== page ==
As with most of the tech available today, one of the largest limitations to the use of assistive technology in the classroom is the teacherís lack of understanding and training in the use of the devices (Schaaf, 2018). Many teachers are unaware of what tools are out there, let alone know how to access the devices and make them available to their students.
Since their initial release in 2010, iPads have quickly gained popularity as one of the most versatile forms of assistive technology (Ok & Ok, 2018). iPads are equipped with built-in accessibility options for visual and hearing impairments, physical and motor disabilities, and even attention deficit disorder (Ok & Ok, 2018). As of 2016, there are more than 1,000,000 apps available for the iPad (Ok & Ok, 2018). Many of these are free or low-cost solutions, providing resources from skills practice, formative assessment, communication software to scheduling and data collection.
I have had the opportunity to implement iPads into my classroom for several years now. We mostly use them for skills practice, formative assessment, and data collection, but when the need arises, we have access to a wide range of accessibility opportunities. Students who struggle with hand-written tasks, can benefit from the opportunity to type out their work, or even use a speech-to-text tool to demonstrate their learning and skills. Technology has opened up the world for students with disabilities by offering numerous tools and resources to provide them equal access to the curriculum.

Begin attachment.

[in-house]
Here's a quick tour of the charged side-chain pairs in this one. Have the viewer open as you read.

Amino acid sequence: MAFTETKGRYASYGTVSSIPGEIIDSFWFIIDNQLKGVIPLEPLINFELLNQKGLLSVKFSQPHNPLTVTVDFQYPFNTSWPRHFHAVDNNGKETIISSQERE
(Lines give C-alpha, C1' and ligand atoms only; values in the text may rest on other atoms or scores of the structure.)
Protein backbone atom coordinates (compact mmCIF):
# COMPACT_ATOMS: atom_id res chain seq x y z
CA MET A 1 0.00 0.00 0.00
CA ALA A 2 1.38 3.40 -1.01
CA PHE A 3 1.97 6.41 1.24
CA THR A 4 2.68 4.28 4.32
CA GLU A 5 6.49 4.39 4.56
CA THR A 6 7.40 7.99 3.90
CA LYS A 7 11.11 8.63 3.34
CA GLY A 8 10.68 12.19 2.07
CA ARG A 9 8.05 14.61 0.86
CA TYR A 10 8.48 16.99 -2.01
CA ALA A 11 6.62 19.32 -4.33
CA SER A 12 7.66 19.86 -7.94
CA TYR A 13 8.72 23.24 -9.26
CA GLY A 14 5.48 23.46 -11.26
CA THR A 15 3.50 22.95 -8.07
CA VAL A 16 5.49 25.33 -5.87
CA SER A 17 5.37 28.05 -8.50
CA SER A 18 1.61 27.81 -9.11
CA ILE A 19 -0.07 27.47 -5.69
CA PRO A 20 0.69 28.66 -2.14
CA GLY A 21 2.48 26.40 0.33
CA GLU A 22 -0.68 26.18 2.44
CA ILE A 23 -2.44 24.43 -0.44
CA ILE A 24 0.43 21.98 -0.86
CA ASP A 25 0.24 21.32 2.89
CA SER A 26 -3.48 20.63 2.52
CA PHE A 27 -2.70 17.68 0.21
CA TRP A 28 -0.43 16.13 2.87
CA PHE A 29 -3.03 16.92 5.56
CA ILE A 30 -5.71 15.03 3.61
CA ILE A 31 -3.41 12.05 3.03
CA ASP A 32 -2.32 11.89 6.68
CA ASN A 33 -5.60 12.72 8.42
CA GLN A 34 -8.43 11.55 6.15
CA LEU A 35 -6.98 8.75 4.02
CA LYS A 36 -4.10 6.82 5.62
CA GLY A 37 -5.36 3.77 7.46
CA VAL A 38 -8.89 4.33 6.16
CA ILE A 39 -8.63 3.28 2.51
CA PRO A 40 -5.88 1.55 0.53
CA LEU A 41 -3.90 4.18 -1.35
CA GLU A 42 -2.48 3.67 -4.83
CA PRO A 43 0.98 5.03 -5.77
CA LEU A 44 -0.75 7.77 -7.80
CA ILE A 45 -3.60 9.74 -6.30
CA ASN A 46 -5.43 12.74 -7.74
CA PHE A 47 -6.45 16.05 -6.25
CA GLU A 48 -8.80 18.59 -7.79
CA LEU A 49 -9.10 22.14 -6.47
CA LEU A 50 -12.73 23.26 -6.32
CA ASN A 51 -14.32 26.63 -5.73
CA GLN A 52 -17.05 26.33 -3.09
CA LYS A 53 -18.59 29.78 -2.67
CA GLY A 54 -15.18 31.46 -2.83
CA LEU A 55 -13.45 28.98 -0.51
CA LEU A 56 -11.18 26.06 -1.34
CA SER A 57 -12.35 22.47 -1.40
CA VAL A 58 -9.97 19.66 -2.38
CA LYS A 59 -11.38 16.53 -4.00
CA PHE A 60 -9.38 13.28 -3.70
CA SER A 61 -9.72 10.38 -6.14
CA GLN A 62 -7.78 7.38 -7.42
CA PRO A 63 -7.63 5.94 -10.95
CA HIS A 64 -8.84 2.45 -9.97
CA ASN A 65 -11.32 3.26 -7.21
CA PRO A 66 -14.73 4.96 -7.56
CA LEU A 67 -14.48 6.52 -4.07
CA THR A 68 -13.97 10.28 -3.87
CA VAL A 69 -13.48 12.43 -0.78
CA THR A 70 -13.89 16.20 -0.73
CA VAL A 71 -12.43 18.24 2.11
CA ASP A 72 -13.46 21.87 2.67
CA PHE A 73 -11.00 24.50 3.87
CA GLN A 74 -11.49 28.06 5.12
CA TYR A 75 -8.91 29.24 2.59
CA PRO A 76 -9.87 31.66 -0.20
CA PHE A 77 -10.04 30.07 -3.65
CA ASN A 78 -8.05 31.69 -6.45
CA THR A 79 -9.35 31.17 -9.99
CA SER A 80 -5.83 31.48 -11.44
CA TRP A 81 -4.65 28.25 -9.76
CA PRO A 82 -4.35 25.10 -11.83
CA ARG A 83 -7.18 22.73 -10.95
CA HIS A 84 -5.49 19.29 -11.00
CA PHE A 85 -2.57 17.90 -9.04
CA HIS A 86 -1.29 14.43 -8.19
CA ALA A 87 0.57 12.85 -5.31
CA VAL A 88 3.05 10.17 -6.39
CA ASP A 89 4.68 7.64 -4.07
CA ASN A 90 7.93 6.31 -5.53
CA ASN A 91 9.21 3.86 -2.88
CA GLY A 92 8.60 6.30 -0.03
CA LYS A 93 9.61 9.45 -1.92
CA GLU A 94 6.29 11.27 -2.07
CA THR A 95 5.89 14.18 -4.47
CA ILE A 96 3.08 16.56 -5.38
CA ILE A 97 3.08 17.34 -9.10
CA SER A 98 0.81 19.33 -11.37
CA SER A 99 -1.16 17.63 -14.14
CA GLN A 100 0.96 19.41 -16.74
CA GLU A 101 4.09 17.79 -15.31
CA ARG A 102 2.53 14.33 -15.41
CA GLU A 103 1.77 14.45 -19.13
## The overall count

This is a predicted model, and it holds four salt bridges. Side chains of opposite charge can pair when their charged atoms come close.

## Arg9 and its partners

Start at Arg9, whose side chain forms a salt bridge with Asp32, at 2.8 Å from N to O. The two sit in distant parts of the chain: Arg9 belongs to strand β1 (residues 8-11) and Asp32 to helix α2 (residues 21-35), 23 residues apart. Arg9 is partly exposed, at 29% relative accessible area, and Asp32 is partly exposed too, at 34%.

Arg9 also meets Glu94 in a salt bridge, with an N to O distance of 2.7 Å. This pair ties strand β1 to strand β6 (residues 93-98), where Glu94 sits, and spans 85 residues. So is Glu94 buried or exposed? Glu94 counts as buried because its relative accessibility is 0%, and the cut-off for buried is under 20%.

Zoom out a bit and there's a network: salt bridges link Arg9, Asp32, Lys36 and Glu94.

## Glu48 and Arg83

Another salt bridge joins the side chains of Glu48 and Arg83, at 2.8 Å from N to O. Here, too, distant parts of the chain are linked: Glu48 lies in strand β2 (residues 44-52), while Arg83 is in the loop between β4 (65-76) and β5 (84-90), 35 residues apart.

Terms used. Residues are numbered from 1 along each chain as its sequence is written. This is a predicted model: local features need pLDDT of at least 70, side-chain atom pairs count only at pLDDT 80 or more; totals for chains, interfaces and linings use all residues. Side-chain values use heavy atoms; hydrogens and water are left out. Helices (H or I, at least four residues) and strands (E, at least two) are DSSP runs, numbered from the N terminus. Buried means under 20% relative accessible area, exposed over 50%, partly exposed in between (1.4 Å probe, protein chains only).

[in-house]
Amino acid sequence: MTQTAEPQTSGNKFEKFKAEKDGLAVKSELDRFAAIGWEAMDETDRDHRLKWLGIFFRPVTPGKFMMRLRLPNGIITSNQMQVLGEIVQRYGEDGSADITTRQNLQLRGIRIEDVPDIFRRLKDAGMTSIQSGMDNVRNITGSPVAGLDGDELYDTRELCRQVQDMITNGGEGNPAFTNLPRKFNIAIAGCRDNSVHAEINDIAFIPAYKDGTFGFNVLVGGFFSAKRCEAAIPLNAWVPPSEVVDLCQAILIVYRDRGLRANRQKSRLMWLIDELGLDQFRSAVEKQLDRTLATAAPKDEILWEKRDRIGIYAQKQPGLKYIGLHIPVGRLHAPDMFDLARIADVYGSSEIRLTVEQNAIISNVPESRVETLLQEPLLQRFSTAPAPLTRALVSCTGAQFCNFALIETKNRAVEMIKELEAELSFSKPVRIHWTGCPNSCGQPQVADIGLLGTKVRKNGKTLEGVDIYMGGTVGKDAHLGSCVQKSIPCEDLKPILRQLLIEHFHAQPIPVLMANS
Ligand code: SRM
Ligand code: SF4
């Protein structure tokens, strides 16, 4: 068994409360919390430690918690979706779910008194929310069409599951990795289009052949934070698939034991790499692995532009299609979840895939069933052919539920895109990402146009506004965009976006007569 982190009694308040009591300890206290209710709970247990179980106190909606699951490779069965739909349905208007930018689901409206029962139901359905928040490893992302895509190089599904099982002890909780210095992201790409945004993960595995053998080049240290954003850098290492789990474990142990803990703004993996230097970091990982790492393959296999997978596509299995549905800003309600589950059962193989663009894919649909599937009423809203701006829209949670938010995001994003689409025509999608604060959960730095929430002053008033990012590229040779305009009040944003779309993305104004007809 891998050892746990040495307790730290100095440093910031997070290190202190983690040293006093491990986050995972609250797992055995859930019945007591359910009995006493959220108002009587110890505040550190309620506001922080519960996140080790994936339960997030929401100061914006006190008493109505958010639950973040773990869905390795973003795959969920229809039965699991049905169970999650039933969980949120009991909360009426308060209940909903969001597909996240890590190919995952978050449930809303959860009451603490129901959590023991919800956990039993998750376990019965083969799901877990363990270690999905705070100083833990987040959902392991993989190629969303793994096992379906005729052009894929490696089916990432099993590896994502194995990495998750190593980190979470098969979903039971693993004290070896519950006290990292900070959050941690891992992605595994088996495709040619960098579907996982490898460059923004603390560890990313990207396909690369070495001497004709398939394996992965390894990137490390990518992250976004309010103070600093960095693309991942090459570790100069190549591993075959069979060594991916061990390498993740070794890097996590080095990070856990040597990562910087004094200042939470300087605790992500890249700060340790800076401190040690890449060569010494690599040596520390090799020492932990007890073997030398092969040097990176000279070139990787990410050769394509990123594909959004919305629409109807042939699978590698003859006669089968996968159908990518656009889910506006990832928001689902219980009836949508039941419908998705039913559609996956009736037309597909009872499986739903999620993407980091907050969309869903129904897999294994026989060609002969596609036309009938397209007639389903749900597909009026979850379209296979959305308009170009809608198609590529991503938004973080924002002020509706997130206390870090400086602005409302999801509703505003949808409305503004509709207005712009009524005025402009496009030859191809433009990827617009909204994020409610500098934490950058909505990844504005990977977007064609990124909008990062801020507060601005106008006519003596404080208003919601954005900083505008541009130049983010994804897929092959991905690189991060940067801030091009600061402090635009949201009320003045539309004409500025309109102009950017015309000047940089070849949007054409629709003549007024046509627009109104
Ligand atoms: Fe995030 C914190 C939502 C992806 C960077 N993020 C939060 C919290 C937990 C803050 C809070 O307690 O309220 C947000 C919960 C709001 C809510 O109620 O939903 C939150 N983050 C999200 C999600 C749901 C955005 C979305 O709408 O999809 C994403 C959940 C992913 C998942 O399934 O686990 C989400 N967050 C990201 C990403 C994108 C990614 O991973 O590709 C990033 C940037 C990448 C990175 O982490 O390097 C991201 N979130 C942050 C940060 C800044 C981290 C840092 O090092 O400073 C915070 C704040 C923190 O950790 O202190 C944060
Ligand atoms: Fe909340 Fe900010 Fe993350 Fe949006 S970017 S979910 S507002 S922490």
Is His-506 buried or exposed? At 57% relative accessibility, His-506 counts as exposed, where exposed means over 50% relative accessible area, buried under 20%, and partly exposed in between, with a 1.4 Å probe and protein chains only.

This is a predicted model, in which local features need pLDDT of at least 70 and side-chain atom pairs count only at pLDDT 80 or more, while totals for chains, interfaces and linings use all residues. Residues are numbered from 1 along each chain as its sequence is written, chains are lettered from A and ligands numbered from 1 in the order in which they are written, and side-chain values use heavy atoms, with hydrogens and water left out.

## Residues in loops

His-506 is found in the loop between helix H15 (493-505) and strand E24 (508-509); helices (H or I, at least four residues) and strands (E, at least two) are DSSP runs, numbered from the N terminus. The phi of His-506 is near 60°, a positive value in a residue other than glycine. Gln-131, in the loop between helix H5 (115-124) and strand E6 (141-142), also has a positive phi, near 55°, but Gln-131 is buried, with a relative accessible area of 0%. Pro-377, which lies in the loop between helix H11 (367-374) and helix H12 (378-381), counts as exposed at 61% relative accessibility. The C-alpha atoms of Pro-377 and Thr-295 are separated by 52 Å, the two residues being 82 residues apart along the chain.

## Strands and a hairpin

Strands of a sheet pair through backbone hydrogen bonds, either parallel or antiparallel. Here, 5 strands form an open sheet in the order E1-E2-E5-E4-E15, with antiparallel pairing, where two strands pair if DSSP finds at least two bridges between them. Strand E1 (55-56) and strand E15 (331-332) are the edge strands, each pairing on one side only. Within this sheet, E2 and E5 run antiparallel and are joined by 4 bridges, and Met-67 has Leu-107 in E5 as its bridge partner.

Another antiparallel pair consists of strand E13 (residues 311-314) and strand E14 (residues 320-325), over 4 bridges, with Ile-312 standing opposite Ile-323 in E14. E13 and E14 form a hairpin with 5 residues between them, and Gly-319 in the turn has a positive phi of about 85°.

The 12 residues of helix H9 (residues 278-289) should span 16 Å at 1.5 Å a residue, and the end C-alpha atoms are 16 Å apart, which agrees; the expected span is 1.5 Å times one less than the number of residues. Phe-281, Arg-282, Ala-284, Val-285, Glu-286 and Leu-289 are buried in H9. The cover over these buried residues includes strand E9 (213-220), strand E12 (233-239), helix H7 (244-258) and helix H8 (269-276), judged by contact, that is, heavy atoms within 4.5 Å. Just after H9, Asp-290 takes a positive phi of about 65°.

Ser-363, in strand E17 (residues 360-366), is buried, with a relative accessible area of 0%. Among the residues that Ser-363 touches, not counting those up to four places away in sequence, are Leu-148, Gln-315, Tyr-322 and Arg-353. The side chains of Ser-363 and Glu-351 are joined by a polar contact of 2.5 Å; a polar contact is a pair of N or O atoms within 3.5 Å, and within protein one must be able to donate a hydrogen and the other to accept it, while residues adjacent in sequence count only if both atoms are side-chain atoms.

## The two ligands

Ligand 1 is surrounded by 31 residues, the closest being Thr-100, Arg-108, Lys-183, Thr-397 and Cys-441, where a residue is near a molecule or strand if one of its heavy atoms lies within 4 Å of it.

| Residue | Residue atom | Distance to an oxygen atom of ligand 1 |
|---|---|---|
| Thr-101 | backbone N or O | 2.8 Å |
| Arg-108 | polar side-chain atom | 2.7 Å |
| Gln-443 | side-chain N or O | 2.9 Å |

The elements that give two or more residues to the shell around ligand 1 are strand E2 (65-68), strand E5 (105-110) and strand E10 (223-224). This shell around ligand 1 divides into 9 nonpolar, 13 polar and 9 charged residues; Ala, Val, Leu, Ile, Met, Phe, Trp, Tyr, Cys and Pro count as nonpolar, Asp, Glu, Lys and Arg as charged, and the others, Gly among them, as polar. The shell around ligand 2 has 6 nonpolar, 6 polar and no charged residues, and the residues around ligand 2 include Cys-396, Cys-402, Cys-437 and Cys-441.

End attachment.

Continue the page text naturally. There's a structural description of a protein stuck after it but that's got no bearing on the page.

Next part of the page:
Ok, M. W., & Ok, M. W. (2018). Use of iPads as assistive technology for students with disabilities. Techtrends, 62(1), 95-102. https://doi.org/10.1007/s11528-017-0199-8
Schaaf, D. N. (2018). Assistive technology instruction in teacher professional development. Journal of Special Education Technology, 33(3), 171-181. https://doi.org/10.1177/0162643417753561
Created by: Casey Jo Burrus © 2021
updated: March 4, 2021
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